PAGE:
The Moodle Book github tool allows the import/export (pull/push) of Book content from/to GitHub. The content from the Moodle Book is stored as a single file on GitHub. One of the many unanswered questions about the tool is the format of the exported file. The current format is a bit of dodgy HTML with divs, classes, and ids. Aim here is to figure out if and how the HTML 5 semantic elements might provide a more useful method.
Given that my last serious web development role and interest was 10+ years ago, some of the following is likely to be a bit silly. It’s not helped by the fact that the online explanation of some of these elements differ and the whole semantic element thing appears to be somewhat less than widely supported and used.
HTML 5 semantic elements
Are a collection of elements/tags in HTML 5, including <article> <aside> <header> etc that are intended to help define different parts of a web page and thus make it easier to share/reuse data across applications. Sounding exactly like what is needed here.
All are probably relevant, but the more immediately relevant include:
- <article> – Specifies independent, self-contained content.
Good match for an individual book. Includes sections.
- <section> – A section in a document.
Good match for a book chapter (or sub-chapter)? Can be nested.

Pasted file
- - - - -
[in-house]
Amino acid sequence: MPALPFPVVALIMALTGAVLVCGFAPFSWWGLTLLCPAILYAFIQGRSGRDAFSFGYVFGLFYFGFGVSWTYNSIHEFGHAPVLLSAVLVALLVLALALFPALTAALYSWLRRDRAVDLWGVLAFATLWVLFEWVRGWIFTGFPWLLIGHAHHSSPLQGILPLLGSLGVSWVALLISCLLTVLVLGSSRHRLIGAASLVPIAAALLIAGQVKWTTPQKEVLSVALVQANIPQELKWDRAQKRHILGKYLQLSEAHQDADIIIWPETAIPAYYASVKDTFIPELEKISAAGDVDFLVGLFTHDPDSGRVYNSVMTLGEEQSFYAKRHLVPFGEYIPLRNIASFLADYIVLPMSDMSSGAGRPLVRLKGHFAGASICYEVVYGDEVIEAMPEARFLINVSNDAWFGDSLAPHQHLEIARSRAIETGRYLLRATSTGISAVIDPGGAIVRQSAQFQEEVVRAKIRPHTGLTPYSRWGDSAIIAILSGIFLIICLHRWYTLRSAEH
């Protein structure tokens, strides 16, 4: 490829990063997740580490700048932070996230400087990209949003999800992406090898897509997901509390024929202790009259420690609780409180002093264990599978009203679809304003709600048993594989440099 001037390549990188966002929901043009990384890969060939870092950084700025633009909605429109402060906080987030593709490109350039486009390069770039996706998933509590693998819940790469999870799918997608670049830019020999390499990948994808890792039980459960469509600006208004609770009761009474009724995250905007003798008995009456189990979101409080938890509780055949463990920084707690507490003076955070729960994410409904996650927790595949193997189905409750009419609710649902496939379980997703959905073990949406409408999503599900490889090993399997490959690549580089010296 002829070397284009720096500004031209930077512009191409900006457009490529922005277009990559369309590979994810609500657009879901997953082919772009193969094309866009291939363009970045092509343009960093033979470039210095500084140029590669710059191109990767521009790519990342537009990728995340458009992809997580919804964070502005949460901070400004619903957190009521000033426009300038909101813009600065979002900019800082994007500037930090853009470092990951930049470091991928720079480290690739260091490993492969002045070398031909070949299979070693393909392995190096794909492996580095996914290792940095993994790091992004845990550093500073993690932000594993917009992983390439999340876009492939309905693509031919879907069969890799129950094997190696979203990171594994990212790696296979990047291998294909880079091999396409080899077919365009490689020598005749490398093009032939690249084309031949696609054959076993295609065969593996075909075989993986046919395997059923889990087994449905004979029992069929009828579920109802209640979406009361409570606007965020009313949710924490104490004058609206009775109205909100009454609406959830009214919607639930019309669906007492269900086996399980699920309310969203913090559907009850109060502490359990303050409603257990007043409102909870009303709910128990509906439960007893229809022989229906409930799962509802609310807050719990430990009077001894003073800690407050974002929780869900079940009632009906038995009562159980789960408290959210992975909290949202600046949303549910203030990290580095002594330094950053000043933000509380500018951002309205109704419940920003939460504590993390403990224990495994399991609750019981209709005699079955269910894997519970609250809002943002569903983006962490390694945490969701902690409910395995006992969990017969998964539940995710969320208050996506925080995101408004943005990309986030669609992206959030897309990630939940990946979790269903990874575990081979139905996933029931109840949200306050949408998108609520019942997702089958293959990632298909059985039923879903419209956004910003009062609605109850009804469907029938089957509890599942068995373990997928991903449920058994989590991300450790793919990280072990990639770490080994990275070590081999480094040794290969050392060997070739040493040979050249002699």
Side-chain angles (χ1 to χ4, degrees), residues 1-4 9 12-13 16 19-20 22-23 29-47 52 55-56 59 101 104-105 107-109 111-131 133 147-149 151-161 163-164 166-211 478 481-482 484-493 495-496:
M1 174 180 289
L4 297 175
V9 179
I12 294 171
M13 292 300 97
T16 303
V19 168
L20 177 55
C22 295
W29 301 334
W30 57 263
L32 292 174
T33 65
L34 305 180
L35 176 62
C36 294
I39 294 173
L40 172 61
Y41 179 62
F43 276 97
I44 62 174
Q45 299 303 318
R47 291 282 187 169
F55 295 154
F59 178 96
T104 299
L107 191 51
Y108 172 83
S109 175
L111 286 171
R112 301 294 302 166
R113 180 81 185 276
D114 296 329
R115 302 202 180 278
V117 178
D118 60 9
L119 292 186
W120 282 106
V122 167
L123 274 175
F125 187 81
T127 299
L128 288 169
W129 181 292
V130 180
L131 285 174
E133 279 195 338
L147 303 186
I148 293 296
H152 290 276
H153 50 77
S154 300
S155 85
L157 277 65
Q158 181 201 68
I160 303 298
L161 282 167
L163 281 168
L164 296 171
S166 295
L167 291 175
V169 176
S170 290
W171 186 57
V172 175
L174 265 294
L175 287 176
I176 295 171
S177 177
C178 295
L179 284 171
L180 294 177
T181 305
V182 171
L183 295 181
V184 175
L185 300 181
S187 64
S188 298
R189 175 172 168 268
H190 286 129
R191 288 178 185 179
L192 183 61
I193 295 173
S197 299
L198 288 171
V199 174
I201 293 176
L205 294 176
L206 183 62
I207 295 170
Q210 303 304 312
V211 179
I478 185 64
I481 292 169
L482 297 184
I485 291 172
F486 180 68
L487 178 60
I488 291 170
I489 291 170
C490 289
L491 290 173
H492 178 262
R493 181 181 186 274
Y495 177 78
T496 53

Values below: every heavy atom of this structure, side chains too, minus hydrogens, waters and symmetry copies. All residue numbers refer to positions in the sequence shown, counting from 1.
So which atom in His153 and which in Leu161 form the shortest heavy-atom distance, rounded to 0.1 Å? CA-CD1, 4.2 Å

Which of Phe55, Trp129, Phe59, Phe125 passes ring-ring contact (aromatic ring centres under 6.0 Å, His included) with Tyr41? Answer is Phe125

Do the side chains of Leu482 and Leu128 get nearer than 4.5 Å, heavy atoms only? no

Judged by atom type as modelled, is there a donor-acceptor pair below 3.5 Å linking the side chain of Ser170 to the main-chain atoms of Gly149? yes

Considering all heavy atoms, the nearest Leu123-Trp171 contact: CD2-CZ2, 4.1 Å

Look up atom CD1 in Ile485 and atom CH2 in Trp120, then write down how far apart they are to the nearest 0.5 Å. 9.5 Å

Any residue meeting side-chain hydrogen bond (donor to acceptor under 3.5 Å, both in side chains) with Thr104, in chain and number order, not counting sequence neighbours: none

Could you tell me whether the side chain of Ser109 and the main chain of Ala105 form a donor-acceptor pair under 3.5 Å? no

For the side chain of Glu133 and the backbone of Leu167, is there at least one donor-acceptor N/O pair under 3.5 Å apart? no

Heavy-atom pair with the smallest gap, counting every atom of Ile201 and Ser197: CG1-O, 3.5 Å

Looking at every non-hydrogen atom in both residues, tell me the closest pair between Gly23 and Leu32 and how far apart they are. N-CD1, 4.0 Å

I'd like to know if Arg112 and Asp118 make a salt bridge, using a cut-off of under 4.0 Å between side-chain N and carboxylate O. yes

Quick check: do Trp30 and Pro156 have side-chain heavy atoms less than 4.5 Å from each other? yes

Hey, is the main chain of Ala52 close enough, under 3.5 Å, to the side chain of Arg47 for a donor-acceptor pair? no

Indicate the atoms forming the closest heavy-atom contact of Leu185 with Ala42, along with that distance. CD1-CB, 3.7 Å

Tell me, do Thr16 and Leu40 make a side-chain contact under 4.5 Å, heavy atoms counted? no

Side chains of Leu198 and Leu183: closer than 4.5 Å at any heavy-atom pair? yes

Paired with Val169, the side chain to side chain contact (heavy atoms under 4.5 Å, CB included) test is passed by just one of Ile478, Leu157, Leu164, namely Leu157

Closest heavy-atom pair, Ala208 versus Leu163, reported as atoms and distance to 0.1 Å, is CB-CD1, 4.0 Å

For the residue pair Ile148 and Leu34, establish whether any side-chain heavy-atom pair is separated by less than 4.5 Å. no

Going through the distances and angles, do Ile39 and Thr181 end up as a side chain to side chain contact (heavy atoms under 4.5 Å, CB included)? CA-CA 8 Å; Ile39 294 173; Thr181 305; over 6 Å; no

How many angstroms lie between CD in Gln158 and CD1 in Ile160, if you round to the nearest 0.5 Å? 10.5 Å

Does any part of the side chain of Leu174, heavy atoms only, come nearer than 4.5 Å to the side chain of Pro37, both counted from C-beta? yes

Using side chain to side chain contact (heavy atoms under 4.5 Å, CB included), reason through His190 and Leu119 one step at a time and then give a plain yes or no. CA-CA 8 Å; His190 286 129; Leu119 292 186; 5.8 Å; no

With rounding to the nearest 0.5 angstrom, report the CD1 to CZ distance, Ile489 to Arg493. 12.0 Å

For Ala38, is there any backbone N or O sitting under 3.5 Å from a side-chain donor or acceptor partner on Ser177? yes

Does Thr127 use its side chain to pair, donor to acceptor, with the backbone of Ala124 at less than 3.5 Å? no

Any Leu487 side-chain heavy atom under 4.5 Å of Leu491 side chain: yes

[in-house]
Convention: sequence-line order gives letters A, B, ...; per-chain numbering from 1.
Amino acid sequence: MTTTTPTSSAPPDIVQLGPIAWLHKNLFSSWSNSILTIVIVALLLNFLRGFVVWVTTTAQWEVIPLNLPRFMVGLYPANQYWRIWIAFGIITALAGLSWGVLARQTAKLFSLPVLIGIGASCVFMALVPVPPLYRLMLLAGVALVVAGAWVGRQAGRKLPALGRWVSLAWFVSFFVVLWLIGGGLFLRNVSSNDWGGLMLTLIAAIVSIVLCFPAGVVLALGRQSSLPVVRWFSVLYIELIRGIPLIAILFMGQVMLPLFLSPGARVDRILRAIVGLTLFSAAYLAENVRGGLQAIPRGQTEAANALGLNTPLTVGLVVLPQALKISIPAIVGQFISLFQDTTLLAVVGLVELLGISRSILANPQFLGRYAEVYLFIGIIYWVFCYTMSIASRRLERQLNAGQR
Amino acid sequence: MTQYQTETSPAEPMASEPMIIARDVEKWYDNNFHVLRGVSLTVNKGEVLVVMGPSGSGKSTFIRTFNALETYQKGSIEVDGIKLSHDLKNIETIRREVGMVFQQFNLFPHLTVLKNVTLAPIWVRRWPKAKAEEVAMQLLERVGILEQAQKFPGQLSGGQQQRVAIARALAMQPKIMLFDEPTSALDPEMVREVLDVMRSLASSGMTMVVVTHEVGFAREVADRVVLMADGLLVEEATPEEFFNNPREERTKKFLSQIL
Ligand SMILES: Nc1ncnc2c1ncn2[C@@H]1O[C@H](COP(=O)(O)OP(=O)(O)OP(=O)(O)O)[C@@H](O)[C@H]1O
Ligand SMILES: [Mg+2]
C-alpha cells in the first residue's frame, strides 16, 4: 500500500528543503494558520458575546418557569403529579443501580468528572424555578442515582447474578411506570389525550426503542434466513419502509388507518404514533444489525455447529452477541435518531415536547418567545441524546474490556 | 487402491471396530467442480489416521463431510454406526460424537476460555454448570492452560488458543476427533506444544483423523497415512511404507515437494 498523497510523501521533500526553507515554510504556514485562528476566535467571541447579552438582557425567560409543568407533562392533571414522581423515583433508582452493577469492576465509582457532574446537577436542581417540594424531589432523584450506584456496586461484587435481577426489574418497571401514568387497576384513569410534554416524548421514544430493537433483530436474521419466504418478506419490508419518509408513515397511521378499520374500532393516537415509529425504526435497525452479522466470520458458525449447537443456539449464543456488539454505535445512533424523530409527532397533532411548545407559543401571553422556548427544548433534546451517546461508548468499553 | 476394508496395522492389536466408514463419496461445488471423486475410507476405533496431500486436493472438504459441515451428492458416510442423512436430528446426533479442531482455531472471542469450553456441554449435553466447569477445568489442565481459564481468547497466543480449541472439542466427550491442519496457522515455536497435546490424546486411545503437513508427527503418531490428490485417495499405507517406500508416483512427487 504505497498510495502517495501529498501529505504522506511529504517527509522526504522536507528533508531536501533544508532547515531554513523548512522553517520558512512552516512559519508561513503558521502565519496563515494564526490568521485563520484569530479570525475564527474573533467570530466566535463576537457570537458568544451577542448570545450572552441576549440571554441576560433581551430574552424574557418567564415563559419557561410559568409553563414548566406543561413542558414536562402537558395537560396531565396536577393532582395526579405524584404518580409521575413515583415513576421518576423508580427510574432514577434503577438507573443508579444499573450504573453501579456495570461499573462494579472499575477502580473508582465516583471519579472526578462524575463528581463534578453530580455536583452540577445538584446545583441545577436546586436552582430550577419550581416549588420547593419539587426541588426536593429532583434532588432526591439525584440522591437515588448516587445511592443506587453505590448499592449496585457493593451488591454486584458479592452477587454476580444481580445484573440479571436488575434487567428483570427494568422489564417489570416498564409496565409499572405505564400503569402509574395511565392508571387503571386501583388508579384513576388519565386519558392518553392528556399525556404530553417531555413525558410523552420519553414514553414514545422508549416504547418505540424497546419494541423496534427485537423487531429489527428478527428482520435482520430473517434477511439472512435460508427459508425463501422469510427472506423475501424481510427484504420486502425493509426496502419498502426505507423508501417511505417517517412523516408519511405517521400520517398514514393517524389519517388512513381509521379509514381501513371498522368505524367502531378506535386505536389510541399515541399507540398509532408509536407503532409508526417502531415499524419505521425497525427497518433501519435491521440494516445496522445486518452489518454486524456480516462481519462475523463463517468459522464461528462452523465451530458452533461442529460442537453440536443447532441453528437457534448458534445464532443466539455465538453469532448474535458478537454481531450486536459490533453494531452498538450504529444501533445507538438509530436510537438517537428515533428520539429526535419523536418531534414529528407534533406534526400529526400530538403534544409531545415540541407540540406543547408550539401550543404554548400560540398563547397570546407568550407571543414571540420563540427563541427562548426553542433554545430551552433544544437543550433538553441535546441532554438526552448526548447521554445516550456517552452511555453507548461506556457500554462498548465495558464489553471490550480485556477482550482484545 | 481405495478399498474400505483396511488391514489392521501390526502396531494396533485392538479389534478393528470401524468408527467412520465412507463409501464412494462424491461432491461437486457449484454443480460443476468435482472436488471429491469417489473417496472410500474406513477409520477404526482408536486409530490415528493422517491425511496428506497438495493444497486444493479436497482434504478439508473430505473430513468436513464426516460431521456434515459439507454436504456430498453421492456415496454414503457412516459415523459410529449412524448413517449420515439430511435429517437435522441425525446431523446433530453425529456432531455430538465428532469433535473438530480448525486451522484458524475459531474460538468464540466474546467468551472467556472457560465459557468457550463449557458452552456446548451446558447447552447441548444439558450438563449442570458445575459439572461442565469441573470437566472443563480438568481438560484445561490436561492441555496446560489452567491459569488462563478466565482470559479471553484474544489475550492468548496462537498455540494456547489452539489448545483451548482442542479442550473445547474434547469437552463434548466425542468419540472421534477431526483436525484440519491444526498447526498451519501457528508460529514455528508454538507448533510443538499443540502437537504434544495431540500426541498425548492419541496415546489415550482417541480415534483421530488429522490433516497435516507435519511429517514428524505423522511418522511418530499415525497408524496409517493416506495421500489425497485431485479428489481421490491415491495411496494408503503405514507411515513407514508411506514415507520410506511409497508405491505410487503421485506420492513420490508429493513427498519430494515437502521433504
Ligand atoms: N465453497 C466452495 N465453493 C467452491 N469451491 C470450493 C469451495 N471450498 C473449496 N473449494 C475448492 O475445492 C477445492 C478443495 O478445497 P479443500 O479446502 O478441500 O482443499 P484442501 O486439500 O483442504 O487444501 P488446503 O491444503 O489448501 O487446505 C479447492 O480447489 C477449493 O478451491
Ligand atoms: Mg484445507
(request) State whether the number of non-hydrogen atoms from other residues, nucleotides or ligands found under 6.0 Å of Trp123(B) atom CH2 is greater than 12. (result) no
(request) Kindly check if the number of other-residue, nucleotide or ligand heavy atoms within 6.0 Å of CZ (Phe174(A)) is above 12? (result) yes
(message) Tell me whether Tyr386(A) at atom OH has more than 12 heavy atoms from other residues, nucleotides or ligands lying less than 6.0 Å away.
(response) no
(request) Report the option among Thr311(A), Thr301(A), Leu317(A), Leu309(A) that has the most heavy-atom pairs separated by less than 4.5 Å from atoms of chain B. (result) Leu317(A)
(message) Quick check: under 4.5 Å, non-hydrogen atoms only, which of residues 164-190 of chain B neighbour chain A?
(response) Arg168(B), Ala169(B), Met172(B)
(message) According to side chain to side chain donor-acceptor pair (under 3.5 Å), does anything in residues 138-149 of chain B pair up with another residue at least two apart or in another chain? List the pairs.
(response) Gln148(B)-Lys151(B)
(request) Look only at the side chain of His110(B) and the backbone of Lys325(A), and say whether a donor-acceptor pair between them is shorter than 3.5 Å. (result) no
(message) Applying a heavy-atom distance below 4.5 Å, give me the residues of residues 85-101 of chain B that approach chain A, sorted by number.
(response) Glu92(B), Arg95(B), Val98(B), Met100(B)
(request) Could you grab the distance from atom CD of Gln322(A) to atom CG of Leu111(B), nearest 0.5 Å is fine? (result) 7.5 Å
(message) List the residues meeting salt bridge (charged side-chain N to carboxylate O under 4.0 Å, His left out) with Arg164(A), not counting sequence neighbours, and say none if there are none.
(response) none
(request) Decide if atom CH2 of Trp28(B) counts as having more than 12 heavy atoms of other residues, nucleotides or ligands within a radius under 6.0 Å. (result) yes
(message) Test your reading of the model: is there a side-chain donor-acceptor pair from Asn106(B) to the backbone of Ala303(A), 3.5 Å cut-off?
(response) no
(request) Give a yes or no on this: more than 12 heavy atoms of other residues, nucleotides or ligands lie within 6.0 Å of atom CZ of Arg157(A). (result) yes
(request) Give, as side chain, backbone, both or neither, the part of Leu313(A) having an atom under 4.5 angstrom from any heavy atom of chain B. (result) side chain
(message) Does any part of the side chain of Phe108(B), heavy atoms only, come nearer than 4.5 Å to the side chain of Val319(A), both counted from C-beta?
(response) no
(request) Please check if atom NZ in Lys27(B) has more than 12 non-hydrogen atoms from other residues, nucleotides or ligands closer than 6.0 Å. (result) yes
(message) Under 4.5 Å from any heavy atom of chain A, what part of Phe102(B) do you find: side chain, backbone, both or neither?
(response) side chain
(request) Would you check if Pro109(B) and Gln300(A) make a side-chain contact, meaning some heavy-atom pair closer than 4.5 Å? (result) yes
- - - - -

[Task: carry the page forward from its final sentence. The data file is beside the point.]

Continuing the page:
- <header> – for either a document or section
Could be used within a section to specify the title of the chapter from the book, but also appear on the page when viewing the single file.
- <footer> – for either document or section
Could be used within a section to hold icons for next/previous (getting optional here)
- <nav> – defines a set of navigation links
Thinking this could be added to the github file by the tool to add navigation links within the file. Ability to jump to specific chapters etc.
Structure for the single github file
Which brings me to to the following. Note: the Moodle book calls every page a chapter or a sub-chapter. A sub-chapter(s) is nested within a chapter.
<title>Title of book in Moodle</title>
<article data-title="Title of book in Moodle" data-introformat="1" data-customtitles="0" data-numbering="1" data-navstyle="1">
<h1>Title of book in Moodle</h1>
<div>Introduction to the book from Moodle</div>
<section data-pagenum="1" data-contentformat="1" data-title="Title of 1st chapter from book">
<h1>Title of 1st chapter from book</h1>
CONTENT OF THE CHAPTER from the book
<section data-pagenum="2" data-contentformat="1" data-title="Title of 2nd chapter (and a sub-chapter) from book">
<h1>Title of 2nd chapter (and a sub-chapter) from book</h1>
Content of the sub-chapter from the book
<section data-pagenum="2" data-contentformat="1" data-title="Title of 3rd chapter from book">
<h1>Title of 3rd chapter from book</h1>
CONTENT OF THE 3rd CHAPTER from the book
Entering HTML like that to get pretty coloured in WordPress is harder than it looks.
Testing the structure is quite easy given this online outliner.
My first question is whether or not the above is “valid” HTML 5? The outliner seemed to like it.
The second question is whether or not the above will work? Not from a HTML 5 perspective, but my code.
Which picks up the following questions
- Do the data attributes play nicely with semantic elements?
- Should the title be both a data attribute and in the header element?
- Should I rely on the parsing code to auto-generate pagenum?
- Should I rely on the parsing code to identify chapters and sub-chapters?
- Are there any nice CSS resources that will style semantic elements nicely? (Or do I have to write something?)
- Will the PHP parsing code handle semantic elements (and data attributes)?